MANY dirty things are recommended for the cure of the jaundice; as lice, millepedes, &c. But these do more harm than good, as people trust to them, and neglect more valuable medicines; besides, they are seldom taken in sufficient quantity to produce any effects. People always expect that such things should act as charms, and consequently seldom persist in the use of them. Vomits, purges, fomentations, and exercise, will seldom fail to cure the jaundice when it is a simple disease; and when complicated with the dropsy, a scirrhous liver, or other chronic complaints, it is hardly to be cured by any means.

      NUMBERLESS British herbs are extolled for the care of this disease. The author of the Medicina Britannica mentions near a hundred, all famous for curing the jaundice. The fact is, the disease often goes off of its own accord; in which case the last medicine is always said to have performed the cure. I have sometimes however seen considerable benefit, in a very obstinate jaundice, from a decoction of hempseed. Four ounces of the seed may be boiled in two English quarts of ale, and sweetened with coarse sugar. The dose is half an English pint every morning. It may be continued for eight or nine days.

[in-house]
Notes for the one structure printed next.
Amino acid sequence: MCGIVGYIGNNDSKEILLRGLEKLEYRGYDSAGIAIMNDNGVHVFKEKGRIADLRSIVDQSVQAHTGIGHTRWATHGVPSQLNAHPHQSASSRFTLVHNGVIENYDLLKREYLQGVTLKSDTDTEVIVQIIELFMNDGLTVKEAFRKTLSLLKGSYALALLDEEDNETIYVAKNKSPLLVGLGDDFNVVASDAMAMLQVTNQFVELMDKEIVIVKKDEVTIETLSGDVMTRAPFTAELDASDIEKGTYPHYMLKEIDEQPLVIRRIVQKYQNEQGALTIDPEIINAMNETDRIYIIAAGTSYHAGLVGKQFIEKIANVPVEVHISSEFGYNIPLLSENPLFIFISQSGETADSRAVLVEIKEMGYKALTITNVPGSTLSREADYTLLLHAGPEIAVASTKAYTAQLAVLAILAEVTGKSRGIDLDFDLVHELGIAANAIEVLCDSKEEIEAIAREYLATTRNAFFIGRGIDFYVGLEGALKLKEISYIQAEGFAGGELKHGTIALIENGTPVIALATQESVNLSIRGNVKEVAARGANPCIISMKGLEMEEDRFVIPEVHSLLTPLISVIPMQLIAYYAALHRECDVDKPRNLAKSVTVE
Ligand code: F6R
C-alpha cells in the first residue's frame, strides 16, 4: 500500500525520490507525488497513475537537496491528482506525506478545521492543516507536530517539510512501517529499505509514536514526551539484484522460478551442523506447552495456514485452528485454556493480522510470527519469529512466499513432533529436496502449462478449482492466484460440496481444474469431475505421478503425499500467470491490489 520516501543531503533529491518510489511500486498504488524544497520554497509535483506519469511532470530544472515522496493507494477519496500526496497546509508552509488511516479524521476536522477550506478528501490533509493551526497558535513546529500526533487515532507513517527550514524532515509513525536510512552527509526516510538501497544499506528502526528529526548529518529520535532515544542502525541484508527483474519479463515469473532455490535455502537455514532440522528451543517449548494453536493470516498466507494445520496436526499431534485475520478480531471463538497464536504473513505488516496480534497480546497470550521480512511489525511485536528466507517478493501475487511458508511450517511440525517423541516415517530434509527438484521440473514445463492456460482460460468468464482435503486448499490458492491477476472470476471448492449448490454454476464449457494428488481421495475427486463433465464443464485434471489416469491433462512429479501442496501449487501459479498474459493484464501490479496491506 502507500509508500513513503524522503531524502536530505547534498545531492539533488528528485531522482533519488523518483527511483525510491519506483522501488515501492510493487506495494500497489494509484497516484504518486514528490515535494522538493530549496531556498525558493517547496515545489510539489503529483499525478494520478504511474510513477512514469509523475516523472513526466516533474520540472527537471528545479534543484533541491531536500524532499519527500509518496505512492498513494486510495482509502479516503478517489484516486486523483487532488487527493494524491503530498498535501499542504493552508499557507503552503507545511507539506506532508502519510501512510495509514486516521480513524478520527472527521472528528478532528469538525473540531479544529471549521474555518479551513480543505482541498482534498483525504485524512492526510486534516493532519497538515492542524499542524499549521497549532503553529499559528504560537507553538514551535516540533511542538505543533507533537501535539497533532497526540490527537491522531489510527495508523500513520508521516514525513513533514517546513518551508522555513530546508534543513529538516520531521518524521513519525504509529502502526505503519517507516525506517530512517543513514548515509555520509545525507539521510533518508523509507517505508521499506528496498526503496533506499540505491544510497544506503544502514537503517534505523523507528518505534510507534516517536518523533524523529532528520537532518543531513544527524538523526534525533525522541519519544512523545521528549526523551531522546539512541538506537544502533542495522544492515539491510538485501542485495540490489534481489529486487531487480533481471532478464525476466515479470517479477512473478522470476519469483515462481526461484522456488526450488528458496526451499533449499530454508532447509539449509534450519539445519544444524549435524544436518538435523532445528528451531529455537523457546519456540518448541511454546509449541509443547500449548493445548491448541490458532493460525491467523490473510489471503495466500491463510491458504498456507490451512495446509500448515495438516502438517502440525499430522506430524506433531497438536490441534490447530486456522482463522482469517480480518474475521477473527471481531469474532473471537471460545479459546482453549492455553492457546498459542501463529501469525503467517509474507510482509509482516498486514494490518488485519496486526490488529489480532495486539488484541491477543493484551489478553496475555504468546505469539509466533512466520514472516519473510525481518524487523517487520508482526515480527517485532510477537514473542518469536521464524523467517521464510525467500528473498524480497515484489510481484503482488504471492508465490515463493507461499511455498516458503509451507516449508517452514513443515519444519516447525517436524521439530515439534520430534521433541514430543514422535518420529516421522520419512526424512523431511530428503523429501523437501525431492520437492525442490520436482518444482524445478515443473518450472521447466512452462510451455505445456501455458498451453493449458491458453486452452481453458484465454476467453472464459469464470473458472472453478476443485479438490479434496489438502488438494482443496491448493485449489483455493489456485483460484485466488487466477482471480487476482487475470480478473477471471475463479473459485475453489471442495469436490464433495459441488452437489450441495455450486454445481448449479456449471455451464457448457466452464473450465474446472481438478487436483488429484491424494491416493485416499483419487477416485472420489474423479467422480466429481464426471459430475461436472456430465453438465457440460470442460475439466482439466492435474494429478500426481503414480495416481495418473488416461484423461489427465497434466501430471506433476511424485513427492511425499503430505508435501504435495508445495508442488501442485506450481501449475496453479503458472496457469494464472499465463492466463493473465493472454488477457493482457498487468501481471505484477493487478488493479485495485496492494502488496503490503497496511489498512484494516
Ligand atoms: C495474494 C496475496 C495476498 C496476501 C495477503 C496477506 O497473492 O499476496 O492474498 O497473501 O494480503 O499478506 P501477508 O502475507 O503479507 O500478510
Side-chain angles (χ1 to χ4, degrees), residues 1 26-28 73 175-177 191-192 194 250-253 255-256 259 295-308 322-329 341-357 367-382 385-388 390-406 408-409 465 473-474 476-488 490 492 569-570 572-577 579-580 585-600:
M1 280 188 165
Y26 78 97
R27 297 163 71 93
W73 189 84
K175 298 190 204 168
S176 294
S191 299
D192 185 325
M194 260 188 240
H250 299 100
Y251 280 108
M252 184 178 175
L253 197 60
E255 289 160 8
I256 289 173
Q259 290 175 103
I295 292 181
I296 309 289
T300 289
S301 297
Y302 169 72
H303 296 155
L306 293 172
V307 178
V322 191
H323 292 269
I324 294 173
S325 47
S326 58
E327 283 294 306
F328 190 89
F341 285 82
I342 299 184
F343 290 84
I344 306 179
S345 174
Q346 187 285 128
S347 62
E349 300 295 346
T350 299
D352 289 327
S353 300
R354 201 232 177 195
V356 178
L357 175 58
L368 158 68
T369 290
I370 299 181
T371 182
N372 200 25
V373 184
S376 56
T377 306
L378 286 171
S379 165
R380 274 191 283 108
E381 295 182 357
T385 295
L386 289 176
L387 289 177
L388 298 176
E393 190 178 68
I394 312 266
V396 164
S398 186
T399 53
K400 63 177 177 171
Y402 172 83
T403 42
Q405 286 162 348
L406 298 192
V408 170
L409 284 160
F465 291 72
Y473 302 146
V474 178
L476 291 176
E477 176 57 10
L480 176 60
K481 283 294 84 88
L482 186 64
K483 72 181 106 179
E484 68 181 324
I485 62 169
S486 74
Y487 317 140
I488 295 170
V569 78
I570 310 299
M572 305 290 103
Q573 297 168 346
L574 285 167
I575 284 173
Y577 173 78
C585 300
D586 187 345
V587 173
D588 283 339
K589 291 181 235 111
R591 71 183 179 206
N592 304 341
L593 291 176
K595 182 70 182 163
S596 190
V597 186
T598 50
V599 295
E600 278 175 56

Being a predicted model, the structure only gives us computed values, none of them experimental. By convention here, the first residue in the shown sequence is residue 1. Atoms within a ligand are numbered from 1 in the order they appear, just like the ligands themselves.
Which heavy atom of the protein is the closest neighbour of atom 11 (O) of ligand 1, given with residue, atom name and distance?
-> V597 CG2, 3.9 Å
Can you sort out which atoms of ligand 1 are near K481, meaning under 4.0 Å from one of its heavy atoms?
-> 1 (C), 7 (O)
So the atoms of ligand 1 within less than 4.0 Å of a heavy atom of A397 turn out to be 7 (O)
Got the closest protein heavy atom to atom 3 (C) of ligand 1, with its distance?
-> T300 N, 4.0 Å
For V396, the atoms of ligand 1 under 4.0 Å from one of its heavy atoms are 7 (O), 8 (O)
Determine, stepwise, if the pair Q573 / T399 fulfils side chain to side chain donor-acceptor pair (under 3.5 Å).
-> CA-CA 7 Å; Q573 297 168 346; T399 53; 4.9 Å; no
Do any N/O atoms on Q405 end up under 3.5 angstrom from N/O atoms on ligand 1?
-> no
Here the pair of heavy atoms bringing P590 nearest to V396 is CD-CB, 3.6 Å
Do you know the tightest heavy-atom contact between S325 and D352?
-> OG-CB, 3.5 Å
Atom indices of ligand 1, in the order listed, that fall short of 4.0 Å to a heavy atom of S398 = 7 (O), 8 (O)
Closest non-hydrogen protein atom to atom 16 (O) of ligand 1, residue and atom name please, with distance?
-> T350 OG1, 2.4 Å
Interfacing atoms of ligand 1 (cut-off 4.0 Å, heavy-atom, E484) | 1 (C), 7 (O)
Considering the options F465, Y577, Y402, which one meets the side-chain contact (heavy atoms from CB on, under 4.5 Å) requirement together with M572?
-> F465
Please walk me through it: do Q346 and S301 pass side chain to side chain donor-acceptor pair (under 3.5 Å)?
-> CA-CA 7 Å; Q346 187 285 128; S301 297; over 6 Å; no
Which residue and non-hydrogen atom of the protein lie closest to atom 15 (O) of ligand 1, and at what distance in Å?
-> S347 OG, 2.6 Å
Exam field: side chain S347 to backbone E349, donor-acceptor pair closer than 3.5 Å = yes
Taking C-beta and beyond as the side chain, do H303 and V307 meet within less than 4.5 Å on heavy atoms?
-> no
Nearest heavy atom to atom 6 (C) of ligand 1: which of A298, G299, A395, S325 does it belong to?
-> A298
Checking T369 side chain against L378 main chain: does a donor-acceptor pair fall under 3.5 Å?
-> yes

I HAVE likewise known Harrowgate sulphur-water cure a jaundice of very long standing. it should be used for some weeks, and the patient must both drink and bathe.

      THE soluble tartar is a very proper medicine in the jaundice. A drachm of it may be taken every night and morning in a cup of tea or water-gruel. If it does not open the body, the dose may be increased. A very obstinate jaundice has been cured by swallowing raw eggs.

      PERSONS subject to the jaundice ought to take as much exercise as possible, and to avoid all heating and astringent aliments.